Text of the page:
Play Live Radio
Next Up:
0:00 0:00
Available On Air Stations

DeWine Files Another Lawsuit Over Federal Healthcare Law

Republican Ohio Attorney General Mike DeWine has again taken the lead in filing a lawsuit against the Affordable Care Act. Ohio Public Radio's Karen Kasler reports. 

The case began in Warren County in southwest Ohio, when officials there wrote to the Obama administration of their concerns about a tax bill that they were expecting to receive because of the Affordable Care Act – or Obamacare. When they didn’t get a response, they reached out to Attorney General Mike DeWine, who sent his own letter last week.  He warned Health and Human Services Secretary Sylvia Burwell that he felt the plan to tax state and local governments on their public employee health plans was unconstitutional. And now DeWine has followed up on that threat, filing a suit in federal court over a $5.3 million dollar tax bill. DeWine says there are two problems with the Obamacare law in this case. 

“We don’t find the authority in there for the federal government, for the Obama administration to tax the states. We don’t think it’s provided for in the law that Congress itself wrote. And second, even if it was in there, we don’t think they have the constitutional authority to do that.”

DeWine says Warren County officials are part of the suit, as well as four public universities - the University of Akron, Bowling Green State University, Shawnee State University, and Youngstown State University. But he says other government entities could be affected. 
“It would be any political subdivision – a township, a city, a village, a county that is self-insured. If they’re self-insured and they have someone else administer is, they have to pay, according to the federal government, they have to pay this tax.”

DeWine says he expects other attorneys general to file their own lawsuits with similar claims. The AG says this is about whether the federal government can tax other governments, and not about his personal opinion of Obamacare. But DeWine has been a vocal critic of Obamacare for years, and this is not DeWine’s first attack against it. His first act as attorney general was to join a 25 state lawsuit against the law, and then he led the 19 attorneys general who challenged the law in the case brought by the craft store chain Hobby Lobby, which opposed the ACA’s requirement that the company offer insurance that includes contraceptives for women. 
“Attorney General DeWine has literally wasted years of time, energy and money suing about every political debate in Washington he can think of.”

David Pepper is the chair of the Ohio Democratic Party, and ran against DeWine last fall. He says DeWine should be focused on fighting for the safety of Ohioans instead of battling an established federal law. 
“We have a full-bore heroin crisis, and we’re seeing press conferences and suits about everything but dealing with some of those most fundamental issues. Honestly, Obamacare has been debated again and again. These suits have for those most part gone nowhere – they’ve been unsuccessful. I just think that there’s just far too much politics in the current operation of that office.”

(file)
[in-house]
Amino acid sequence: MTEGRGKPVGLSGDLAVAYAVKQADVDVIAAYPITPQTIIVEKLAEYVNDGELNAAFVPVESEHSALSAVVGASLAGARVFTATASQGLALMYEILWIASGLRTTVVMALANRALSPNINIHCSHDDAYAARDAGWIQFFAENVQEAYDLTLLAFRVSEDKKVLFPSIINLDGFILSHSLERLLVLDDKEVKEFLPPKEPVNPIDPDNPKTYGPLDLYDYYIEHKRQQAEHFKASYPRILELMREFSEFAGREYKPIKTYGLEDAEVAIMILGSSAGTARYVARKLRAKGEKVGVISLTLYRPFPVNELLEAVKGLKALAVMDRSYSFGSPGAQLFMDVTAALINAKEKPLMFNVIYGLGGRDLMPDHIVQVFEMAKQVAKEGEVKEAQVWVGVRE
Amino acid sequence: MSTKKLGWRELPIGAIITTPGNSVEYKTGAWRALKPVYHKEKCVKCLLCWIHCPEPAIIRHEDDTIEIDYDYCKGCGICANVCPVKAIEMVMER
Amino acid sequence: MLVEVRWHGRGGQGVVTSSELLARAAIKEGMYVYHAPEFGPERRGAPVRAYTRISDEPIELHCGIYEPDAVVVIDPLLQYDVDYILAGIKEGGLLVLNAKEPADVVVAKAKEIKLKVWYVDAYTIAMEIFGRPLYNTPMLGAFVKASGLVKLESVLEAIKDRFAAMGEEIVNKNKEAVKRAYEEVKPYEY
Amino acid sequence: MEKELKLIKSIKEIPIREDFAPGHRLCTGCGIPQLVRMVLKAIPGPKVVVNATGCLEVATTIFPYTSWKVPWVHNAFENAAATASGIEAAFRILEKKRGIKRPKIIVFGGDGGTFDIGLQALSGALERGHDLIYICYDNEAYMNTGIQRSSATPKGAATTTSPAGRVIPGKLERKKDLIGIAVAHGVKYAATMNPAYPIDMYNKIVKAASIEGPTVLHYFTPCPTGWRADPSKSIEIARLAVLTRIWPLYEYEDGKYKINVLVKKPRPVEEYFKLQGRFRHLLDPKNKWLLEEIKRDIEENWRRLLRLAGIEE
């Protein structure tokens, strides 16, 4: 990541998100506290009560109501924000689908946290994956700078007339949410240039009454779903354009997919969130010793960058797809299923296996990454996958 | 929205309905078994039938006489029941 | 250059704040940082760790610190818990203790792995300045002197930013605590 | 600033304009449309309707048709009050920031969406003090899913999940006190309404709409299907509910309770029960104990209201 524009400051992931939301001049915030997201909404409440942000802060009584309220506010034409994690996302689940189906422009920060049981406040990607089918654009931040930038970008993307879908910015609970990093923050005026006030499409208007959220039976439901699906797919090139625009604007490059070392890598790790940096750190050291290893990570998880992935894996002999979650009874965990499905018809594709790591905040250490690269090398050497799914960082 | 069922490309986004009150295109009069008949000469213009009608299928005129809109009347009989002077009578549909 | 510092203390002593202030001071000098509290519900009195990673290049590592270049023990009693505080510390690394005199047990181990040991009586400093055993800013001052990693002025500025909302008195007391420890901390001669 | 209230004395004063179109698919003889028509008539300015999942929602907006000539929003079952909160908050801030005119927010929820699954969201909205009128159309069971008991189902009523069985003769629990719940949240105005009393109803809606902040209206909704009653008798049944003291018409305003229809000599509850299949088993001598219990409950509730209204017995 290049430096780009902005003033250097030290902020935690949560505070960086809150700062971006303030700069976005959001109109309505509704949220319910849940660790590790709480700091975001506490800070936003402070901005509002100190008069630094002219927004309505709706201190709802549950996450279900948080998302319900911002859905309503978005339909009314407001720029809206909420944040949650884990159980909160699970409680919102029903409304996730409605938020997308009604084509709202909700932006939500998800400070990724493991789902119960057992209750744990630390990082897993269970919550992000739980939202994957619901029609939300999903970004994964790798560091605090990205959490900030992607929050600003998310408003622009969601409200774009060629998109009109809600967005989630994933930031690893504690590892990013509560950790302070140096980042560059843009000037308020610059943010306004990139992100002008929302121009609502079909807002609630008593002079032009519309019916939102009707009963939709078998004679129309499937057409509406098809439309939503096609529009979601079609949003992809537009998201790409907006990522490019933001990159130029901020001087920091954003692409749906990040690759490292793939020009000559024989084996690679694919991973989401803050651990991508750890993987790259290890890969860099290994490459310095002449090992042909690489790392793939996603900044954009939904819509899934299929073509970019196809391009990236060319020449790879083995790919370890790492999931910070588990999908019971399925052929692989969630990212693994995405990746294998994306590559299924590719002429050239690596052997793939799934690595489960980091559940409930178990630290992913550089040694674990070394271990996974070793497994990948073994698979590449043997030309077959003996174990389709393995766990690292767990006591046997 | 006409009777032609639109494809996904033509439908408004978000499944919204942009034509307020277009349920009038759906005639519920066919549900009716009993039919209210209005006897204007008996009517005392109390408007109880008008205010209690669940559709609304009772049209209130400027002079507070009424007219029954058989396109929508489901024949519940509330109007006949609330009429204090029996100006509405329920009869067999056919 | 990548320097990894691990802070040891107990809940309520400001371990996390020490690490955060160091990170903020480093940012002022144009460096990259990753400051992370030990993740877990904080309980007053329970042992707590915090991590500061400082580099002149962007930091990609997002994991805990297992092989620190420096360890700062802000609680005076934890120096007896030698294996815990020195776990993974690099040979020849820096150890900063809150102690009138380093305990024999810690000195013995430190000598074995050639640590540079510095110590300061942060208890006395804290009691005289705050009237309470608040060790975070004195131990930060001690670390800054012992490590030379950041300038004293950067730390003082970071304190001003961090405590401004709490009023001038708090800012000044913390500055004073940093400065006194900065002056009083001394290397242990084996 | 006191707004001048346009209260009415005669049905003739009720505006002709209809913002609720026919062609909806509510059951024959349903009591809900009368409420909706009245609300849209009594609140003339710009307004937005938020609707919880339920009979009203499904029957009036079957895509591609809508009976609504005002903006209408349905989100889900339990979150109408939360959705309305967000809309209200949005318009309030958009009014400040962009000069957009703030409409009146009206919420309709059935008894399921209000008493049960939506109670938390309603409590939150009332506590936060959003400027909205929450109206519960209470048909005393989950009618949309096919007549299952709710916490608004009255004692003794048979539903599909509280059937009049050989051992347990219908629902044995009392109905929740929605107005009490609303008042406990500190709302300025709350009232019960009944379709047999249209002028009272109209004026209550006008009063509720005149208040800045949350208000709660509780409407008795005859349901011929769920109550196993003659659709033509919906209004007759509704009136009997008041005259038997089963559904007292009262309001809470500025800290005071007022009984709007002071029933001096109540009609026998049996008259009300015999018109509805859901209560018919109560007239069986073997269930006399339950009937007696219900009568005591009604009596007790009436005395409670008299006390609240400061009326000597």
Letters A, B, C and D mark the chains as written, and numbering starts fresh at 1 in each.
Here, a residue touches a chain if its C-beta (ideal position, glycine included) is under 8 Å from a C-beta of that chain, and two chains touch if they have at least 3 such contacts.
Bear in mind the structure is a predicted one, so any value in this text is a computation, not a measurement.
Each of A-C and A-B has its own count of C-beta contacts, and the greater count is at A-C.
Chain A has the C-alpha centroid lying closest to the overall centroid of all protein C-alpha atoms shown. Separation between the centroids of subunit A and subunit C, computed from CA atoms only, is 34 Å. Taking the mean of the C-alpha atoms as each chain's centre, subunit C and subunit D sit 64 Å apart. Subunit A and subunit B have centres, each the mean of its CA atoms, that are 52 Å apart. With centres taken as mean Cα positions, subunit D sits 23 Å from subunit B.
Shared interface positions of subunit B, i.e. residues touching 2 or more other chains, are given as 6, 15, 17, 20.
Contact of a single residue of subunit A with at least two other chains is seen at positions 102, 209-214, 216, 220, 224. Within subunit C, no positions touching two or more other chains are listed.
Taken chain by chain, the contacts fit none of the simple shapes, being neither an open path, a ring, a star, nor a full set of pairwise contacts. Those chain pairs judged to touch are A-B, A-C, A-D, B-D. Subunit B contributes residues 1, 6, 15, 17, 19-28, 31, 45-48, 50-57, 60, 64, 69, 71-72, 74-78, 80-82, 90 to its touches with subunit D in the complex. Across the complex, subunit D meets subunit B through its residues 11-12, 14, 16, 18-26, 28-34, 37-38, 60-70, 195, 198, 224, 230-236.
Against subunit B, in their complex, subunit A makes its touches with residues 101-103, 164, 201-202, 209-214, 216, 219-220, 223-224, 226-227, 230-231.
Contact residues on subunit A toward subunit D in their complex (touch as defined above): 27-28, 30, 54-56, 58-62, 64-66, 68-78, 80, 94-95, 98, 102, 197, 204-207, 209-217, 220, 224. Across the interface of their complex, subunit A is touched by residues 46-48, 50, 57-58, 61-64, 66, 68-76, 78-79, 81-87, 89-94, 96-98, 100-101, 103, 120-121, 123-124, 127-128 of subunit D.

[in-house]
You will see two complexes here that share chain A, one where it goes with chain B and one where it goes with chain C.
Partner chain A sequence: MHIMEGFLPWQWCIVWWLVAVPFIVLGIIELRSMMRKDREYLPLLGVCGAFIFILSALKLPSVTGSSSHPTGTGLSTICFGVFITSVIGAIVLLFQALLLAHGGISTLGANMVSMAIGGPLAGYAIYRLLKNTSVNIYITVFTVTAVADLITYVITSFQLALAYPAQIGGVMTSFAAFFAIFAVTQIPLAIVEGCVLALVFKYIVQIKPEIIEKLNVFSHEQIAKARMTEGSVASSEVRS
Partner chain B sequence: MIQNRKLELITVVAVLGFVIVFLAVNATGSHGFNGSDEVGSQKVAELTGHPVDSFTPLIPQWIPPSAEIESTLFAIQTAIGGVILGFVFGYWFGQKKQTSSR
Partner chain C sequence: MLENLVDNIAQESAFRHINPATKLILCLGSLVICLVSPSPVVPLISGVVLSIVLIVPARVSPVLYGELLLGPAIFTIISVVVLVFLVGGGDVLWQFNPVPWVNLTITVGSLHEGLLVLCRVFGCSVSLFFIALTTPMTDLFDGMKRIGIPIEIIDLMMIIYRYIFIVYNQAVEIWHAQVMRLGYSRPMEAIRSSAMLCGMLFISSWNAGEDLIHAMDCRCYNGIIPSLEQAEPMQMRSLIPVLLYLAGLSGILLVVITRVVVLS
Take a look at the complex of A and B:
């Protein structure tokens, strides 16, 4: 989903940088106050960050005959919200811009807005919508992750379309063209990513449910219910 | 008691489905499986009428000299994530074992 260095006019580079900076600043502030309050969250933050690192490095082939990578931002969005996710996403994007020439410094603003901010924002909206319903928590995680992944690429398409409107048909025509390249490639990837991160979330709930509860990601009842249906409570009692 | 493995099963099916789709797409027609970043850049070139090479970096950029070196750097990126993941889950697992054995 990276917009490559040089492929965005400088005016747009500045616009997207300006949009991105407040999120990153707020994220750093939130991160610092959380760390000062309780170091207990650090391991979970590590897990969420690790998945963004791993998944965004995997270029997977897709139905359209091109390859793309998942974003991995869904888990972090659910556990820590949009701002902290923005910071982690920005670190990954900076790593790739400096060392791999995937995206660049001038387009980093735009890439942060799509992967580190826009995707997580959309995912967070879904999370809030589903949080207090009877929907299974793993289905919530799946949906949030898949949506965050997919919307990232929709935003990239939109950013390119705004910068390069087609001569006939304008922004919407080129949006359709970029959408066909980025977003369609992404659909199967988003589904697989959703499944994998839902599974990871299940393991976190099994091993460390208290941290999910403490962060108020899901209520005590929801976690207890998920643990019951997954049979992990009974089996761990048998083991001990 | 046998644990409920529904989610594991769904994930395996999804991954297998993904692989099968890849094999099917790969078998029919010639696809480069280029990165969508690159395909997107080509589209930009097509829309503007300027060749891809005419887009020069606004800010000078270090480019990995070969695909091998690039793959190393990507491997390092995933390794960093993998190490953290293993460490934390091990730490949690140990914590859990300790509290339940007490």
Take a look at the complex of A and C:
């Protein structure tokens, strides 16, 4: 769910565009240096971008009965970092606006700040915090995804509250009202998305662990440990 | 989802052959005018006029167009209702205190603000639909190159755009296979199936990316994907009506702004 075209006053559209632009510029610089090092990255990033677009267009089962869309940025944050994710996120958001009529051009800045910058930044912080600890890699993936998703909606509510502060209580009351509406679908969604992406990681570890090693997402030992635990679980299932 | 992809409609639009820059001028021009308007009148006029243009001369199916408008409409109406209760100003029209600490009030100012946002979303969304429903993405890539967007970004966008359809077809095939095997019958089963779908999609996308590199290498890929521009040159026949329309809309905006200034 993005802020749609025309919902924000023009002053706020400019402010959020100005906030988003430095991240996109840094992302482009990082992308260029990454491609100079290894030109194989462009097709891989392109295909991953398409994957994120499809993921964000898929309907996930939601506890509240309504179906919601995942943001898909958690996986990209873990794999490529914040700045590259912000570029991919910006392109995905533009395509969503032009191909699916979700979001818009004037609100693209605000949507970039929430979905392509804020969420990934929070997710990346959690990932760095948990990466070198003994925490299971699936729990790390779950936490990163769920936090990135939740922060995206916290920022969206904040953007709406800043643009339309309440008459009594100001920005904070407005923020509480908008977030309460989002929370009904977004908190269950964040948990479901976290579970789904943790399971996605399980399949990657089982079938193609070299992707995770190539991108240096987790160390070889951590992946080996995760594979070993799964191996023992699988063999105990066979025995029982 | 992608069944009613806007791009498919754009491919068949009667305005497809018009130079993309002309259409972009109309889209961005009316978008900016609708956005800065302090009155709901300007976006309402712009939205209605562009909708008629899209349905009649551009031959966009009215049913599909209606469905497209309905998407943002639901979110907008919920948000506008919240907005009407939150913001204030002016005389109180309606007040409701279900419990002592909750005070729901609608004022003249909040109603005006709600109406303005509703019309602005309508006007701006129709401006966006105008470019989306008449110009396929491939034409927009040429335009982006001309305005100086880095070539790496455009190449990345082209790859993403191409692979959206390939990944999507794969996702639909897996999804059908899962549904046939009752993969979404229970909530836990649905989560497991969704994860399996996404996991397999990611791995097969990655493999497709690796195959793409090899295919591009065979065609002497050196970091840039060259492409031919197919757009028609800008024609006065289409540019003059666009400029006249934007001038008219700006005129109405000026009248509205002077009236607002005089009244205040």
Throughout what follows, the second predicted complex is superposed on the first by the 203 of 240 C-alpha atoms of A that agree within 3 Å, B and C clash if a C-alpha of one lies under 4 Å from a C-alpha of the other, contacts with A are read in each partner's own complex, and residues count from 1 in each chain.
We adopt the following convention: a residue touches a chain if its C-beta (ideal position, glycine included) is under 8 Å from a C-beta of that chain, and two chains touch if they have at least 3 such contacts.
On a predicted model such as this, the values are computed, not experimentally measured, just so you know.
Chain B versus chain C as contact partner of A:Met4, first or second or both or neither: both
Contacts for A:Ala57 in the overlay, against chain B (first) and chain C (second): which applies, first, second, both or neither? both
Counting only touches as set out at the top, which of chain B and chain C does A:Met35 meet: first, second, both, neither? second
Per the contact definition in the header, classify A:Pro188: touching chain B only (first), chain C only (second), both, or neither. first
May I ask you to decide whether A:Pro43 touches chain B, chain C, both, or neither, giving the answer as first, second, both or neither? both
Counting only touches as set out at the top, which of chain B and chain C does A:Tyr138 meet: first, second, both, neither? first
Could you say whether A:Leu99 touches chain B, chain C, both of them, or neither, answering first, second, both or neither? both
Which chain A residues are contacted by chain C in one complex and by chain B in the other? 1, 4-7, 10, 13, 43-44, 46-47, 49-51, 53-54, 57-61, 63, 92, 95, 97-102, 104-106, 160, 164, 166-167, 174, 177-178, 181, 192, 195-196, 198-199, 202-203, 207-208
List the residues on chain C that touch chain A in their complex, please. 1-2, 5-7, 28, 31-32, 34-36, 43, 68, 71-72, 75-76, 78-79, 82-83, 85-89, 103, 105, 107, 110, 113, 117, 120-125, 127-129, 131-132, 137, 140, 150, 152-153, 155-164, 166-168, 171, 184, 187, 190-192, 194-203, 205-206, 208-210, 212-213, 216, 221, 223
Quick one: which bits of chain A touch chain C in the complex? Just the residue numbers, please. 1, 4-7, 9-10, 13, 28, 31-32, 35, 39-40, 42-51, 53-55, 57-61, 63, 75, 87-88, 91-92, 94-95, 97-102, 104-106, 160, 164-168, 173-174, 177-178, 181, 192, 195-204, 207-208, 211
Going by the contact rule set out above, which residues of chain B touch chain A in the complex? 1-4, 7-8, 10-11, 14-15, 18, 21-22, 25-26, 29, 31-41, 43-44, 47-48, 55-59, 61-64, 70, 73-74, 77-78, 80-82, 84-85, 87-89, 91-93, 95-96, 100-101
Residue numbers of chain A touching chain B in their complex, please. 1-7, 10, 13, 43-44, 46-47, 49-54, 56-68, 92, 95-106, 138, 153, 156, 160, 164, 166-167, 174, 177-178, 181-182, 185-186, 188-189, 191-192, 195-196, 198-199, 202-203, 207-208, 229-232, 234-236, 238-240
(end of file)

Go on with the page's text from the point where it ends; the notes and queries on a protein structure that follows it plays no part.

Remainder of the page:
And Pepper says he finds it interesting that DeWine’s fellow Republican Gov. John Kasich will be working on continuing his expansion of Medicaid, which has been touted as a major component of the ACA - though Kasich has said Medicaid expansion has nothing to do with Obamacare. Health and Human Services Secretary Sylvia Burwell did not comment on the lawsuit . But HHS did issue a statement last week that noted the average consumer paid $82 per month for coverage after tax credits and that 80 percent of those enrolled in the insurance marketplace could get coverage for less than $100 after tax credits. HHS spokesman Ben Wakana adds that – quote – “new choices and more competition are giving consumers affordable options”, and that the agency was planning to respond to DeWine’s letter in as timely a manner as possible.

The Statehouse News Bureau was founded in 1980 to provide educational, comprehensive coverage of legislation, elections, issues and other activities surrounding the Statehouse to Ohio's public radio and television stations. To this day, the Bureau remains the only broadcast outlet dedicated to in-depth coverage of state government news and topics of statewide interest. The Bureau is funded througheTech Ohio, and is managed by ideastream. The reporters at the Bureau follow the concerns of the citizens and voters of Ohio, as well as the actions of the Governor, the Ohio General Assembly, the Ohio Supreme Court, and other elected officials. We strive to cover statehouse news, government issues, Ohio politics, and concerns of business, culture and the arts with balance and fairness, and work to present diverse voices and points of view from the Statehouse and throughout Ohio. The three award-winning journalists at the bureau have more than 60 combined years of radio and television experience. They can be heard on National Public Radio and are regular contributors to Morning Edition, All Things Considered and Marketplace. Every weekday, the Statehouse News Bureau produces in-depth news reports forOhio's public radio stations. Those stories are also available on this website, either on the front page or in our archives. Weekly, the Statehouse News Bureau produces a television show from our studios in the Statehouse. The State of Ohio is an unique blend of news, interviews, talk and analysis, and is broadcast on Ohio's public television stations. The Statehouse News Bureau also produces special programming throughout the year, including the Governor's annual State of the State address to the Ohio General Assembly and a five-part year-end review.
Related Content